The Rough Graph Puzzle

The Rough Graph Puzzle

Create March 18, 2012 / By Barry R. Clarke
The Rough Graph Puzzle

Can you see the point of this graph?

Teaching mathematics has its rewards but there are moments when not even the money is adequate compensation. I once had an A level mathematics retake by the name of Achmed who turned up for a one-to-one tutorial with no textbook, no paper to write on, and no pen to write with. All he brought was himself. Since I was not required to bring any paper of my own there was clearly a need to improvise. So I visited the toilet next door, unravelled a few sheets of toilet paper from the roll (the tracing paper sort that makes sandpaper feel like comfort), and returned to the teaching room waving the sheets in triumph. And there I was for an hour, sketching a whole series of carefully labelled graphs on small rectangles of toilet paper to illustrate the concept of curve transformations. At the end of the session, smouldering with self-satisfaction at the clarity of my exposition, I proudly presented Achmed with the graphs expecting him to take them home and, with due respect, neatly insert them in his clip file. However, as he opened the door to leave, without a moment's thought, he casually screwed them up into a ball and hurled them in the bin! As King Lear aptly put it: "How sharper than a serpent's tooth it is to have a thankless child".

This incident, and his subsequent inability to produce any work of note over a nine-month period (Achmed not King Lear) convinced me that some students are simply beyond redemption, at least without repeated exposure to some first-rate therapy. I'm also convinced that Isaac Newton, had Achmed been around in 1685, would have thought again about the laws of mechanics in his Principia and revised his first law of motion to read: "An Achmed at rest, remains at rest unless, or even if, acted on by an external force." Unfortunately, the only thing that enthused Achmed was Budweiser and lots of it!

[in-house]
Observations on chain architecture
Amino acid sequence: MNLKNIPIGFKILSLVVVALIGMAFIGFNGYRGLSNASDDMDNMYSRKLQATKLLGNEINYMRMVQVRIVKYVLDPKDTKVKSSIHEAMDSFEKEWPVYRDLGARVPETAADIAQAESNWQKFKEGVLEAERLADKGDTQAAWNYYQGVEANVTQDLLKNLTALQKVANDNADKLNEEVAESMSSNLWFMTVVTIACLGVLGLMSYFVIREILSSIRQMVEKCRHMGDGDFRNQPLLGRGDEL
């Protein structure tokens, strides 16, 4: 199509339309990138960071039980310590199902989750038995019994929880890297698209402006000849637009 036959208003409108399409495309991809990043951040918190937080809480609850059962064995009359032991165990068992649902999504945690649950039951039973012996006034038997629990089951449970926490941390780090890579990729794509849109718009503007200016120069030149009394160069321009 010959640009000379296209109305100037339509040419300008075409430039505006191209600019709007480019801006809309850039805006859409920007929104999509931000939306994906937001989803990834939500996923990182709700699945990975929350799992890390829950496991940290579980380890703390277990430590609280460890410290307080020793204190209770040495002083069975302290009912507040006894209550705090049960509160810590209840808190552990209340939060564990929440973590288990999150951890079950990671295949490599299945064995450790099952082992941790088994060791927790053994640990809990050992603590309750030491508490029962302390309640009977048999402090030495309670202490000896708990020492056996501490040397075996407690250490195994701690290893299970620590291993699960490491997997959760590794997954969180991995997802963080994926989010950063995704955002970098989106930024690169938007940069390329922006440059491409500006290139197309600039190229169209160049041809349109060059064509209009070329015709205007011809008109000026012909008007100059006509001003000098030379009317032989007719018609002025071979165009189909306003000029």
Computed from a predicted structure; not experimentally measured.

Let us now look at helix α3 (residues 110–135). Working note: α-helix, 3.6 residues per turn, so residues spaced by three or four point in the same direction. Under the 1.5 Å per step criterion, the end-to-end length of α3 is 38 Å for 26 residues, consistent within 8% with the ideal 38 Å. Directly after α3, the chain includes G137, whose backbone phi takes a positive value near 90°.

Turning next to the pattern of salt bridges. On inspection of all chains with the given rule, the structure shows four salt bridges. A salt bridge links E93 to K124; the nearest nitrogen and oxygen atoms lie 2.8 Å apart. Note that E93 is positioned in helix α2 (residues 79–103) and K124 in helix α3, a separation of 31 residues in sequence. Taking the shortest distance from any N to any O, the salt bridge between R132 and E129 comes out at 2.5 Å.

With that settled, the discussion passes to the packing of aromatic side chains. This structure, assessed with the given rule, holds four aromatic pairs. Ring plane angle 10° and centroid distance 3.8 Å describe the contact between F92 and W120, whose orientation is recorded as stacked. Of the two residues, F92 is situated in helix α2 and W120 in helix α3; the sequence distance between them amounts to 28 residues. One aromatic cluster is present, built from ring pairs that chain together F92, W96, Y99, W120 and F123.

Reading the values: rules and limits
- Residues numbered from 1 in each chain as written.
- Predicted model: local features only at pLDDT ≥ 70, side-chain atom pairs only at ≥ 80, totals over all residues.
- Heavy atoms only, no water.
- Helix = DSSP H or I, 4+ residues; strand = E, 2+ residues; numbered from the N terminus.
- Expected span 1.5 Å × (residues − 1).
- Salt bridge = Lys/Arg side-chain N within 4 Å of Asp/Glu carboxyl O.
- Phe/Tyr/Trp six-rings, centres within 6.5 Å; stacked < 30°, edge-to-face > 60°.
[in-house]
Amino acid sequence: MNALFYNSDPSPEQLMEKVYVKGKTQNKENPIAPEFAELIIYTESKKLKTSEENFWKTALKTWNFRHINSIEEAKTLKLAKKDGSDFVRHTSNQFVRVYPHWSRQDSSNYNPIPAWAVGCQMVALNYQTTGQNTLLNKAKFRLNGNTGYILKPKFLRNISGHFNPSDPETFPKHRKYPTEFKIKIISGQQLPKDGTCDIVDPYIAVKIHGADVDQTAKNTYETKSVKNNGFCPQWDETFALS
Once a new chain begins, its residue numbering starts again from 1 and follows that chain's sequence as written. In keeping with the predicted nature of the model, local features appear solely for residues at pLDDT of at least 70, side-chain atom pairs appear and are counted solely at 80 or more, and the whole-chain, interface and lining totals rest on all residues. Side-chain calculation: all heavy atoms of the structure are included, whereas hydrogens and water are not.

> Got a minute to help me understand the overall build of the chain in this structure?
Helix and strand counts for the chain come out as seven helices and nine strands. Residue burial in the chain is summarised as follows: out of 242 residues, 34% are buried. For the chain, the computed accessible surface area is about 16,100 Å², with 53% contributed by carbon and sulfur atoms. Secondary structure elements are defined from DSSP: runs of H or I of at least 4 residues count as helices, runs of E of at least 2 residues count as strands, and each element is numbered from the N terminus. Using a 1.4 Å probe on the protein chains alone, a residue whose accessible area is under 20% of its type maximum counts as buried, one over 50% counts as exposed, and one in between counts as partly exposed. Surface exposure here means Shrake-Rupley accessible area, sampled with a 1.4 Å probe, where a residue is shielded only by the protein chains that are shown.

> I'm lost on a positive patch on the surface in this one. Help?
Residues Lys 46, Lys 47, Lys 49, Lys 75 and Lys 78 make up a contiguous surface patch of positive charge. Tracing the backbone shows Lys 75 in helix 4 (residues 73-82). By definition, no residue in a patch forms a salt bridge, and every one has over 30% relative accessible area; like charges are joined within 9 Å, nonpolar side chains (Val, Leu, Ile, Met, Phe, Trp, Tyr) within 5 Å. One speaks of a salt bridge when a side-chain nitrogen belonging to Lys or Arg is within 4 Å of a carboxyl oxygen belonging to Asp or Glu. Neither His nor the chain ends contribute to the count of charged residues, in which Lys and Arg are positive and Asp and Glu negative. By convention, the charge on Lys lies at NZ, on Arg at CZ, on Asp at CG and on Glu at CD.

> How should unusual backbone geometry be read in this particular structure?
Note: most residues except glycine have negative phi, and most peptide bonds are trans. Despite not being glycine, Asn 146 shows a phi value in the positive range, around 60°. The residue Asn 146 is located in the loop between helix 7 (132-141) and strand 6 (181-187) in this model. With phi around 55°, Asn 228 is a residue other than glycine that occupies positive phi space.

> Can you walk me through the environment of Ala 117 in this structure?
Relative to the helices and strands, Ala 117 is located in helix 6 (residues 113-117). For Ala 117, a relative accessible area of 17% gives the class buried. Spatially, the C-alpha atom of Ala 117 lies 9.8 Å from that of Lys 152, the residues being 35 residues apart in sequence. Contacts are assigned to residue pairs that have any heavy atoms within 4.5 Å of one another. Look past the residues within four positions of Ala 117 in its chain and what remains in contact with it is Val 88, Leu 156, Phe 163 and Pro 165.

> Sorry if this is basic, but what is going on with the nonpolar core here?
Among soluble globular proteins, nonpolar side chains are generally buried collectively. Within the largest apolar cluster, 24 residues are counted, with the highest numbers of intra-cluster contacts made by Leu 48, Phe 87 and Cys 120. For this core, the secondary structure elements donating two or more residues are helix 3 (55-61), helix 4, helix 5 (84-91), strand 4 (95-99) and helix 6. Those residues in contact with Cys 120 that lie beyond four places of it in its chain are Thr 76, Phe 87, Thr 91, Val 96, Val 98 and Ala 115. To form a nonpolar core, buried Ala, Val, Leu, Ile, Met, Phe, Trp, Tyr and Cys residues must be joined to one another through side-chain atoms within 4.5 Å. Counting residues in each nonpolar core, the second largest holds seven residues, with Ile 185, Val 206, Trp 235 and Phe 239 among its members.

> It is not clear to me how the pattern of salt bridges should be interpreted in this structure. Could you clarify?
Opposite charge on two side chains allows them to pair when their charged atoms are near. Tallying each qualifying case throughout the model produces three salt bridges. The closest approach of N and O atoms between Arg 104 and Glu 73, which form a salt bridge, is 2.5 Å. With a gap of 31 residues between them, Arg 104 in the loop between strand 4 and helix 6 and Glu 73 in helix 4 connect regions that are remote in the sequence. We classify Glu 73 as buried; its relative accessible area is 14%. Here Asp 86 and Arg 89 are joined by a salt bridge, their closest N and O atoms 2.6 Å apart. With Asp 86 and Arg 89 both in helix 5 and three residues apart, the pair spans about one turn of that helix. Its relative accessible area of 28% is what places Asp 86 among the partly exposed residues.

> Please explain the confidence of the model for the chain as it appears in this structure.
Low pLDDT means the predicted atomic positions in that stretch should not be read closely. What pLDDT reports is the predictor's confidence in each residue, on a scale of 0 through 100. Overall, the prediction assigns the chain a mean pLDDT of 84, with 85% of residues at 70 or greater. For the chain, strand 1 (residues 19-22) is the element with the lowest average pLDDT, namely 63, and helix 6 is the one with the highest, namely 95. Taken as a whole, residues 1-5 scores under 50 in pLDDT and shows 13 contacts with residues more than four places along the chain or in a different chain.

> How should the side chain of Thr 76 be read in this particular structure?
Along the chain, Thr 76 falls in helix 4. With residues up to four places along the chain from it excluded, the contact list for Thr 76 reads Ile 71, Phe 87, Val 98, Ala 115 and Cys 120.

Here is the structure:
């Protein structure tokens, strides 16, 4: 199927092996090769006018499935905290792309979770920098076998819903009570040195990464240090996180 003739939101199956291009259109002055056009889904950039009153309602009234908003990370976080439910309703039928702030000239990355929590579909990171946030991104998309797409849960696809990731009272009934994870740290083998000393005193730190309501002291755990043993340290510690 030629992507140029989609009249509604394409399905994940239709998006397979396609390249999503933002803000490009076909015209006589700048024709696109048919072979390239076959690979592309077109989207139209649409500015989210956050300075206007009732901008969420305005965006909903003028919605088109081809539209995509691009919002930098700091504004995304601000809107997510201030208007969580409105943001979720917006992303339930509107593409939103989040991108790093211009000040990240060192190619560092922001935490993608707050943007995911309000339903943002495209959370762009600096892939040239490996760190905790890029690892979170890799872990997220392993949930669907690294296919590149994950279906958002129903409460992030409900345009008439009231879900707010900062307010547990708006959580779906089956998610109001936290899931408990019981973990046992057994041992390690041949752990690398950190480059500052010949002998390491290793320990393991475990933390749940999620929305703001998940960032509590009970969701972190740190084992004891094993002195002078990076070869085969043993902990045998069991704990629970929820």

Graph plotting, I tell my students, is where mathematics and art meet. Armed with a keen eye and a sharp pencil, it demands the connection of crossing coordinates and the coordination to connect crosses. I've seen graphs drawn with an unsharpened HB pencil with a point so thick that the result might easily have impressed van Gogh. With a pencil curve half a centimeter wide, plotted points become lost in a mist of charcoal, rather like Achmed who seemed to have missed the point when he once asked if it were possible to draw a graph in four dimensions. I assured him that even after ten pints of Budweiser and the attendant double vision he would still be incapable of visualising it. I suspect poor Achmed would even have struggled to visualise the two-dimensional graph shape below which was taken from a Core 3 mathematics A level paper and serves as the subject of this week's puzzle.

What capital letter should be placed to the right of the lower left point of the graph (shown)?

A hint will be given in the Comments section below on Wednesday and the solution will appear next Sunday

Last Week's Puzzle

To solve The Traffic Lights Puzzle, each colour must be written out as follows: GREEN, RED, YELLOW and the number below it gives the position of the letter in that colour that must be used. So the first letter of GREEN is G, the second letter of RED is E, and the third letter of YELLOW is L which makes the word GEL.

comments powered by Disqus